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Police statistics suggest that in the first four months of 2014, nearly 18 percent of reported crimes were committed by members of the armed forces – a large increase on the 5 percent reported for the whole of 2013.
Dr Prabath Gunatillaka, who lectures in psychology at the universities of Colombo and Canberra, believes the standard of counselling offered to Sri Lanka’s military personnel has fallen short of what should be expected for a country emerging from a 30-year war.
With the war being over and the soldiers attempting to reintegrate into civilian life they must be given access to certified psychologists. Relying on senior officers who have experienced the same traumas negates the effectiveness of counselling
“When a group of soldiers are deployed in the field they do not have the luxury of counsellors, it is then that they resort to seeking assistance from their senior officers,” said Gunatillaka.
“However, with the war being over and the soldiers attempting to reintegrate into civilian life they must be given access to certified psychologists. Relying on senior officers who have experienced the same traumas negates the effectiveness of counselling.”
High desertion rate
SSP Ajith Rohana, a police spokesperson, has attributed many of the crimes committed by members of the armed forces to deserters.
Desertion has risen significantly since the end of the war, with military officials disclosing that nearly 30,000 soldiers – of the overall forces of 350,000 – are currently classed as deserters, and blaming this on financial hardship in their home villages.
Brigadier Ruwan Wanigasuriya, a military spokesperson, suggests that many of the deserters do not remain absent for more than a few months.
“Many of our soldiers are from the rural areas, they are often absent during the harvest period as they are helping their families,” Brig Wanigasuriya said. “More often than not they return once the harvest is complete.”
But psychologists say the lack of proper counselling available to the armed forces is inflating the desertion rate which, in turn, is heightening crime.
Dr Gunatillaka says soldiers who fight violent or guerrilla groups can be subjected to scenes not normally seen on a battlefield, triggering post-traumatic stress disorder (PTSD) that fosters irrational behaviour. He believes the high number of desertions can also be attributed to the fact that these soldiers no longer feel constrained by the rules of the armed forces.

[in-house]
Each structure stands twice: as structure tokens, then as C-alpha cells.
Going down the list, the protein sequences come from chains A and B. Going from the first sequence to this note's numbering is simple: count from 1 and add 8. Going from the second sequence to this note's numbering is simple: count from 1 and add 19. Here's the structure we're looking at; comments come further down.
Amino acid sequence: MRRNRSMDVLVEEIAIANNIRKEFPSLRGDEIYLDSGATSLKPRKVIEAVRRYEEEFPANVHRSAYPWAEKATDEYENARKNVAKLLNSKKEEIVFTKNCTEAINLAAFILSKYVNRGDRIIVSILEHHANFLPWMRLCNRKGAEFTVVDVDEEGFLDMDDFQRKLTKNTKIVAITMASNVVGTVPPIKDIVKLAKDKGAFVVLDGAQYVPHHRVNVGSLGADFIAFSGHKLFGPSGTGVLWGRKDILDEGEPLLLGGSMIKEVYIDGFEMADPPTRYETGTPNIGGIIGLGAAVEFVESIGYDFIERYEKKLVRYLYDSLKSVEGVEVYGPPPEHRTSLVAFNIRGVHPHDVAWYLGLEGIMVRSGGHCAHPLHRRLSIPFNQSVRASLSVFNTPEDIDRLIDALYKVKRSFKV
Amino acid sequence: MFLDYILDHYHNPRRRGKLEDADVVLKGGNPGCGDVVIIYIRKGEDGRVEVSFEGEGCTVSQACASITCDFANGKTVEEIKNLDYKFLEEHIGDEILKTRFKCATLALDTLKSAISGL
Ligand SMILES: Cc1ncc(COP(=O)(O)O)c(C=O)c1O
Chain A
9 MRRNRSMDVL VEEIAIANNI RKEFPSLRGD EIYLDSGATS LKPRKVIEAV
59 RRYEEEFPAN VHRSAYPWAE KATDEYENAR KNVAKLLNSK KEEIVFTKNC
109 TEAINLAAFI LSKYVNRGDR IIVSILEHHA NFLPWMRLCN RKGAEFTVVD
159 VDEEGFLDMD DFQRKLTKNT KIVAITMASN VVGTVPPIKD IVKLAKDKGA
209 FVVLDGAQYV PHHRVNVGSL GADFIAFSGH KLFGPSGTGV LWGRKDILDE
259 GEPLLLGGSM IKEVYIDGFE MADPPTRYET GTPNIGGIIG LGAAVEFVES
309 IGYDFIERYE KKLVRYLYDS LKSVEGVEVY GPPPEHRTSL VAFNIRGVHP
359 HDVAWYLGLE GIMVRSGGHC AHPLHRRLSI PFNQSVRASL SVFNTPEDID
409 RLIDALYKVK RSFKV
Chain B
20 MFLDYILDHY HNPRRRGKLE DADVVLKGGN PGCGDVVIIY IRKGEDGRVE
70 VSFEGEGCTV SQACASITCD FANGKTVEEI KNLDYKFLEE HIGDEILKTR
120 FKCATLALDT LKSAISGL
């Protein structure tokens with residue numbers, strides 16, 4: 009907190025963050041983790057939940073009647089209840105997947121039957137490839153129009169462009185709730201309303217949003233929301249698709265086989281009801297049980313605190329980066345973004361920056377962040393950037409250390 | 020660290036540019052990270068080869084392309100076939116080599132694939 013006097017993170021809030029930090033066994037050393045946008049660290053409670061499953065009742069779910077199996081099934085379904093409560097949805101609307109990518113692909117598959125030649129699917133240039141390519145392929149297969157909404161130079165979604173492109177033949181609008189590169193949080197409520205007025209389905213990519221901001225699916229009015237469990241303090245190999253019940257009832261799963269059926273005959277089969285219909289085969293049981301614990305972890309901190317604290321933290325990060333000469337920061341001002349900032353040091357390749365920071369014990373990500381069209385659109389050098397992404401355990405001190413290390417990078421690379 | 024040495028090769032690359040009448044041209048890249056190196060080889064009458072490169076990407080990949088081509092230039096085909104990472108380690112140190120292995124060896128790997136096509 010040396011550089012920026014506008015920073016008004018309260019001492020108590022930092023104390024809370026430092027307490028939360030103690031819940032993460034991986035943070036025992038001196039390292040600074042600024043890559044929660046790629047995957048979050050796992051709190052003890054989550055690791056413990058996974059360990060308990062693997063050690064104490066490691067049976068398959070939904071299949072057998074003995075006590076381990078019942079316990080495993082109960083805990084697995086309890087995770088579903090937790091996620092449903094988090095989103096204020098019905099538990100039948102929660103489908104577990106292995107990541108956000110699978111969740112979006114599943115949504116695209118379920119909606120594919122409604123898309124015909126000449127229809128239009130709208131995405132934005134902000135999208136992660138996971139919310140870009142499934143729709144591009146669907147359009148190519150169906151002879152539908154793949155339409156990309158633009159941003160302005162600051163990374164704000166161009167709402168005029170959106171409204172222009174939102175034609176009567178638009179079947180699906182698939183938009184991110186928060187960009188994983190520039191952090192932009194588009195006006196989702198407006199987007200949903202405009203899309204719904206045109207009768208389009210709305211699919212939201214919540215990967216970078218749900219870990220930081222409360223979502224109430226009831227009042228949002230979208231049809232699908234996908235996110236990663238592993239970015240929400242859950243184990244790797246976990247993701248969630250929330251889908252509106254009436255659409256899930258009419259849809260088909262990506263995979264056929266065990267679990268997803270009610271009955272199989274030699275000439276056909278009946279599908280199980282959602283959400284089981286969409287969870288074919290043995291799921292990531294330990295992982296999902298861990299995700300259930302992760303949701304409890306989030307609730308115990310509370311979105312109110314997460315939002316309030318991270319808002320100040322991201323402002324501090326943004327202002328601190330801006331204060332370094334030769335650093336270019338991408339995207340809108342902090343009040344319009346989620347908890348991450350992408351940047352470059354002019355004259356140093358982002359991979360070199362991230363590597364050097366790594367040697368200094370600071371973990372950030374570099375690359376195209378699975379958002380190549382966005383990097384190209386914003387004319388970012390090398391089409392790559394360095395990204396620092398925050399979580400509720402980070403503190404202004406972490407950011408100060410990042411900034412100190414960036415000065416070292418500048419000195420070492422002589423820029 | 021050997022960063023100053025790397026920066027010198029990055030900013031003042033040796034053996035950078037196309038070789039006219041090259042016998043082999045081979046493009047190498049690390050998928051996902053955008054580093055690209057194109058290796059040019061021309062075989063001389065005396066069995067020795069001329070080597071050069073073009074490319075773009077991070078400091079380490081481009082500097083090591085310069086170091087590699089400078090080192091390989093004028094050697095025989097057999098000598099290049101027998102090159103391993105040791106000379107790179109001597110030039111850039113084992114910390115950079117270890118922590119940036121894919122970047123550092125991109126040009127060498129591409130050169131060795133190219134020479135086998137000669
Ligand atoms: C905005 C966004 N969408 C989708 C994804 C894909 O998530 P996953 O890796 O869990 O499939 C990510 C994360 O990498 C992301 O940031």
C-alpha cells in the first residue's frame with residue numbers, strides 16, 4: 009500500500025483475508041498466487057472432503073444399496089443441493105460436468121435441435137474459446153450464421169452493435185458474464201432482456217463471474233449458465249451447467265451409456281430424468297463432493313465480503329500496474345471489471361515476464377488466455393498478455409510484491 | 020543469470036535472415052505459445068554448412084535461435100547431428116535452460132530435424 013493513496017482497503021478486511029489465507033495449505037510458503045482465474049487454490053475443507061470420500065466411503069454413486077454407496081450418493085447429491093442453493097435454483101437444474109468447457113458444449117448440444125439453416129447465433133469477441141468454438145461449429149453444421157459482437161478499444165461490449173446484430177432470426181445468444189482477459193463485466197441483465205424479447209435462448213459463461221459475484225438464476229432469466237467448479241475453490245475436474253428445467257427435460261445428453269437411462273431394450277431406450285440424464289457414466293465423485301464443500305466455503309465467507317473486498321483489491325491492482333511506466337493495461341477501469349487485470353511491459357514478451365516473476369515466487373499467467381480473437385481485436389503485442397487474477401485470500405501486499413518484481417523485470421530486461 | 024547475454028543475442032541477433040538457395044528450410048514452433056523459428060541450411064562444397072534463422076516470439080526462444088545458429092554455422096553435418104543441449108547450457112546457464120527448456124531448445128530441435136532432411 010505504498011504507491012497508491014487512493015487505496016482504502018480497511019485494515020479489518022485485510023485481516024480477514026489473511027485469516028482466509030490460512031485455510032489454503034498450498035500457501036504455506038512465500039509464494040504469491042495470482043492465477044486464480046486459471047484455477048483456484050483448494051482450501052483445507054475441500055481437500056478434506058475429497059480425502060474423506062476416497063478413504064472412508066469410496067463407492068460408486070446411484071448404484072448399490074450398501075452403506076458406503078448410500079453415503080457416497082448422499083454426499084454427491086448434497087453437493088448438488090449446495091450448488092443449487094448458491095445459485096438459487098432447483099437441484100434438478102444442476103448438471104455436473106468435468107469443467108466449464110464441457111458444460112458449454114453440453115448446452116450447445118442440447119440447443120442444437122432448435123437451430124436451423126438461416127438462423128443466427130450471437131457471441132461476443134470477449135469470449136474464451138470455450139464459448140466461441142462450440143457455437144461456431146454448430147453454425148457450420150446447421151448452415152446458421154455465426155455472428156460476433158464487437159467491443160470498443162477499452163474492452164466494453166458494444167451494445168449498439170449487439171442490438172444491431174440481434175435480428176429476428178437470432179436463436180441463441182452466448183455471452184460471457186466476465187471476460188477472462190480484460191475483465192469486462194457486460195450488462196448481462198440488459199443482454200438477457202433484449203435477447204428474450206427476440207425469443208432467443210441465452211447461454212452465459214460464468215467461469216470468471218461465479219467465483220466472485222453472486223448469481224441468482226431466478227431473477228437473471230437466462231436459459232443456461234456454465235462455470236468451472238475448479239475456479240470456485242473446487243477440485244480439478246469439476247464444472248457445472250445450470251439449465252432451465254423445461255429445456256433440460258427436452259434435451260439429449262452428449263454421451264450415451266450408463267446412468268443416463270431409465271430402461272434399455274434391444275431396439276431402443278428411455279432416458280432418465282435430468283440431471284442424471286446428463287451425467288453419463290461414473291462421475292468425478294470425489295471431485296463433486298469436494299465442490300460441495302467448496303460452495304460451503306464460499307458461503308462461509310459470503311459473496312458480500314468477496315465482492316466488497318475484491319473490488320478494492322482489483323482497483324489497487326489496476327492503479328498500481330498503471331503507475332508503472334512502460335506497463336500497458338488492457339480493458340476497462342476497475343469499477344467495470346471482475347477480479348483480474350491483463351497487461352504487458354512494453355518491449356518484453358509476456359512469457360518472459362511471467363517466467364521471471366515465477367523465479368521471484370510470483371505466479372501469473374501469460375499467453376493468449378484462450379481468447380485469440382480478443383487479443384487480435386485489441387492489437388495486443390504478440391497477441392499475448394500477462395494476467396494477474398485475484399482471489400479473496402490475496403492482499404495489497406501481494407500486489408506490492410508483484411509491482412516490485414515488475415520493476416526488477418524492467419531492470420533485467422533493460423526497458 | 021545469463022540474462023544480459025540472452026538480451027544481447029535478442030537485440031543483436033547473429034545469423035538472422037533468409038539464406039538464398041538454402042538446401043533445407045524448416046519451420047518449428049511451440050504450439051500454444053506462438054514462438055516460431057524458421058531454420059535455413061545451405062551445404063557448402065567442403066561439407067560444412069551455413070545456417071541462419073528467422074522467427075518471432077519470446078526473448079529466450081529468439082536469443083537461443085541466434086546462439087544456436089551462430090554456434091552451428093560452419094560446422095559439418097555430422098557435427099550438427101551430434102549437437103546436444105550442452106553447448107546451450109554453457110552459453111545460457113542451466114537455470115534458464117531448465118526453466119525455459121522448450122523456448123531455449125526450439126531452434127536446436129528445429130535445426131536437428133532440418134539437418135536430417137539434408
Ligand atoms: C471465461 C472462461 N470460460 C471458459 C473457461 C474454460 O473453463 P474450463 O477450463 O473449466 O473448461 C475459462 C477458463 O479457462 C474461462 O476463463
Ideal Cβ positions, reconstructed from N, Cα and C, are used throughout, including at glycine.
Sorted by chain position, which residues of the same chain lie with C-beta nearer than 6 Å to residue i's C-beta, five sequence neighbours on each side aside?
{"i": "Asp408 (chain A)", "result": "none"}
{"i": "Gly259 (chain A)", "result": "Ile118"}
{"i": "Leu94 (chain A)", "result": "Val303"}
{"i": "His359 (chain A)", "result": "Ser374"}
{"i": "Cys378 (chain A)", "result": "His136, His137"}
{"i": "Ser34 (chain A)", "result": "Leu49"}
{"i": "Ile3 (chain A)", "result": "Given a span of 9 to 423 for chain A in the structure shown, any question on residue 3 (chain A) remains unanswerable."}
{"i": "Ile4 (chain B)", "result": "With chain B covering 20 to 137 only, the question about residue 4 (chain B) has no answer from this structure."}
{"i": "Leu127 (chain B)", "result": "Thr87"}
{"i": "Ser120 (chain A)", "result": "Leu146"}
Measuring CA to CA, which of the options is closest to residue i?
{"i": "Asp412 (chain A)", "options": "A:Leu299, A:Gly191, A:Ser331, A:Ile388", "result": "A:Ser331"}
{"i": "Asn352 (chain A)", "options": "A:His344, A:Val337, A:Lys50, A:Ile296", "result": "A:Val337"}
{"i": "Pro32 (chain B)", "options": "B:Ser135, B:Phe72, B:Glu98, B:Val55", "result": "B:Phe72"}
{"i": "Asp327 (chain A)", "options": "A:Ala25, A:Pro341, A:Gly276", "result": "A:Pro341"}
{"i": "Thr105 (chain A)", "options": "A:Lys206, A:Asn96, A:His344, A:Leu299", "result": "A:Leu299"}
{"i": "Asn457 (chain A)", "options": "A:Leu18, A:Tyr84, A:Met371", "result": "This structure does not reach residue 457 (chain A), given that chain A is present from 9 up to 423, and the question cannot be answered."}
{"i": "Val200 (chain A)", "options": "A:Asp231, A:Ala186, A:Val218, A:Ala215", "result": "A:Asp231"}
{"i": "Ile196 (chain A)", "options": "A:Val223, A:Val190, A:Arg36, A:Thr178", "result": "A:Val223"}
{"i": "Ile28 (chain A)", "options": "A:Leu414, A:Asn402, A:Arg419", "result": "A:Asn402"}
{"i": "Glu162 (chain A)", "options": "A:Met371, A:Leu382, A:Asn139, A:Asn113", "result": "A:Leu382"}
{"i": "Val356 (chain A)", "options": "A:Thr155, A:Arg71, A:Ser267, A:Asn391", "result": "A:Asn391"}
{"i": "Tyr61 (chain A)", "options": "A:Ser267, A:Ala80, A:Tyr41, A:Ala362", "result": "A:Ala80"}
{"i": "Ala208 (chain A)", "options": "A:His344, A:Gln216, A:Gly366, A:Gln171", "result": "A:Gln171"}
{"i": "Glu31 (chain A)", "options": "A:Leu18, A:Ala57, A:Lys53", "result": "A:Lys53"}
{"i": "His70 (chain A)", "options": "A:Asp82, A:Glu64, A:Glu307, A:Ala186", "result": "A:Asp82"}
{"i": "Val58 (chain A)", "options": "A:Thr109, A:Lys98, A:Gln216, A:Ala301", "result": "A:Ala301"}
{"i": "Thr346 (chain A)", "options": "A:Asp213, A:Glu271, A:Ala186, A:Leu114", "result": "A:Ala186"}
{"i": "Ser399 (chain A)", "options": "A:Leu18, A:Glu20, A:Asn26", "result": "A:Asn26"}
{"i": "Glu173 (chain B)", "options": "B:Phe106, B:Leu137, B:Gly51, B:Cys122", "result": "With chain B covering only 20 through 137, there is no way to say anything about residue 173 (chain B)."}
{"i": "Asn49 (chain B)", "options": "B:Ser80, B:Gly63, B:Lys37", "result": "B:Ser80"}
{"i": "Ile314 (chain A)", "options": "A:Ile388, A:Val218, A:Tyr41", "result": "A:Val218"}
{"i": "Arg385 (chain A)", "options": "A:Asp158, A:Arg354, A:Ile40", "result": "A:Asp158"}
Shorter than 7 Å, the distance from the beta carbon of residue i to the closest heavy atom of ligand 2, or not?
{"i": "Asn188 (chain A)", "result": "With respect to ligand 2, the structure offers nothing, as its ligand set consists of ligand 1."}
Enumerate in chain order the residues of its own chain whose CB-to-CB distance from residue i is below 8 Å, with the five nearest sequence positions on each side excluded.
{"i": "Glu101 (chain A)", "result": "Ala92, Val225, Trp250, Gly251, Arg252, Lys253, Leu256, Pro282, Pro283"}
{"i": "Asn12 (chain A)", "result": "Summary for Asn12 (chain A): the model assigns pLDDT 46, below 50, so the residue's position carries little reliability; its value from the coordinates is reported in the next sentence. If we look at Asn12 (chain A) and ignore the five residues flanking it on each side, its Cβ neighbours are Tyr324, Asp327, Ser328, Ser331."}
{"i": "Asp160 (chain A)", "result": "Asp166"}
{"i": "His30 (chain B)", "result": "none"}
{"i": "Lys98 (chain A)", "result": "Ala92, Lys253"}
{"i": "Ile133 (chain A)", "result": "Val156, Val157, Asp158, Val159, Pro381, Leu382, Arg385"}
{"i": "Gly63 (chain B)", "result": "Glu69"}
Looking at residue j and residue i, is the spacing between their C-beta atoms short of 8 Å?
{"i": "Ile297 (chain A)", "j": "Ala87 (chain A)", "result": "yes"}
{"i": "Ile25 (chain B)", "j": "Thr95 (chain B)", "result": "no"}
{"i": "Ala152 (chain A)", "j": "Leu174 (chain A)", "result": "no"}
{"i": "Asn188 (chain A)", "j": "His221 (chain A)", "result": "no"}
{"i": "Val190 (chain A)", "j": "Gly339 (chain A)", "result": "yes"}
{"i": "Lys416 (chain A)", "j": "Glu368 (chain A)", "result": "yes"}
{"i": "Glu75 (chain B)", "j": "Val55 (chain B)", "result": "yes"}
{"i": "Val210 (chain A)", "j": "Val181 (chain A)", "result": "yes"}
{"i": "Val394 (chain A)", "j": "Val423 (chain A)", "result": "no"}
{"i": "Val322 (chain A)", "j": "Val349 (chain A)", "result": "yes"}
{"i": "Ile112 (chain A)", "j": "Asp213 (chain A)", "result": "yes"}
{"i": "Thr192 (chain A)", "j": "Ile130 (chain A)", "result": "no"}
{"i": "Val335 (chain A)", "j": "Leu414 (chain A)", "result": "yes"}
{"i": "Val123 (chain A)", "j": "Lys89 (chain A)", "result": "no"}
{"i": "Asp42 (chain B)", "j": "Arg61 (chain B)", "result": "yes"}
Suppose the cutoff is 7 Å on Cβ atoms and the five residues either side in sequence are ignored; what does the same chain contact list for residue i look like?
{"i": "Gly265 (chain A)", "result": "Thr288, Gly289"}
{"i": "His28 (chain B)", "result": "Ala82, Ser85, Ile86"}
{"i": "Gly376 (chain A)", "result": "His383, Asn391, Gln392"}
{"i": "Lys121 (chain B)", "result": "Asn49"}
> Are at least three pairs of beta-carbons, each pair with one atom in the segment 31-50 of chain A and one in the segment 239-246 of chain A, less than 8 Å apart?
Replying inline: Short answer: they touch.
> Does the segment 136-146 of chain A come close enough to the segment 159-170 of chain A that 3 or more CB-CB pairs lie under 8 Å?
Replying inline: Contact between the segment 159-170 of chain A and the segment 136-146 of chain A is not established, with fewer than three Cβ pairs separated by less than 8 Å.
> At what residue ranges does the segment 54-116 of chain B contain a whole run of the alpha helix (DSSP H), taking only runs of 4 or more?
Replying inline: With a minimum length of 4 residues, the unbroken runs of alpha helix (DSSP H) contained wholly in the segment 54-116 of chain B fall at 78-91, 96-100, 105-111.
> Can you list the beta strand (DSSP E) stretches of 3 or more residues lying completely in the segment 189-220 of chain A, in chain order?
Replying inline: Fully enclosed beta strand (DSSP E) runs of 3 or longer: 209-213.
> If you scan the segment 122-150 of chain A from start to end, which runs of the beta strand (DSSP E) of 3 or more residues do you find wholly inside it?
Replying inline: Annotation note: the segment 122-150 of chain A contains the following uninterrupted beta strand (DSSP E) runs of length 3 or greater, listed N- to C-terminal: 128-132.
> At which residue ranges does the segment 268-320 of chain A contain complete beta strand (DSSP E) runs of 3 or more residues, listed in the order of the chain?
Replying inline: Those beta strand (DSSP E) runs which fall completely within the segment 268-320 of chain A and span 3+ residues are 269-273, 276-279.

“Soldiers have been witness to scenes on battlefields that many of us cannot imagine; they have killed people and been praised for doing so,” he said “They now believe that they are above the law, and this is reflected in their decision to desert and pursue criminal activities.”
Counselling by officers
The decision to provide counselling to armed forces personnel is currently made by senior officers.
Wanigasuriya explained that the Sri Lankan army follows a procedure used by armed forces everywhere and insisted that it is providing the necessary counselling where required.
“Our officers are trained to assist the soldiers with any issues the face, be it emotionally or physically,” he said.
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The spokesperson denied suggestions that, where soldiers had committed crimes, these were the result of psychological scarring.
“None of our soldiers have suffered from PTSD – the counselling offered by the military has been very effective in ensuring there are no problems with its soldiers,” he said.
According to Wanigasuriya, around 200 soldiers are currently admitted to psychiatric wards in military hospitals.
“We have such a low number of patients because the culture in our country ensures soldiers do not suffer from PTSD. They have close support from the other soldiers, and their families,” he said.
However, Dr Gunatillaka disputes this claim, arguing that while Sri Lankan culture does encourage close-knit bonds between soldiers and their families, it also frowns upon psychological problems.
“Many soldiers who have seen combat suffer from PTSD – having a close family network would not avert the problem,” he explained. “In fact a soldier will feel it is necessary to hide such issues from his or her family in our culture, and this will only exacerbate the problem.”
Former sergeant Sarath Abeykoon, who left the army in 2012 after serving for 10 years and saw combat in the final weeks of the war, is now finding it difficult to adjust to civilian life and complains of suffering from flashbacks.
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Dr Gunatillaka, who has been assessing the former sergeant’s condition, has diagnosed him as suffering from PTSD. “He is no danger to himself or anyone around him but his mental state is certainly fragile,” the doctor explained.
While Abeykoon has sought the help of a psychologist, many other soldiers cannot afford such care or do not feel comfortable receiving it because counselling is considered a taboo.
The former sergeant revealed that he keeps his counselling sessions secret from his family and friends.
“When I was in the military I could always go to my commanding officer (CO) and speak to him if I felt it was necessary. When the war ended I did not have anyone else to talk to – very often my own CO would not really know what to say. While the option to be sent to the military hospital was available, our officers were not keen on this.”
While Wanigasuriya points out that servicemen and women, both current and retired, have free health-care at military hospitals, this would not have helped Abeykoon.
He says he did not want to pursue treatment with the military because he felt they had not helped him properly while he was serving.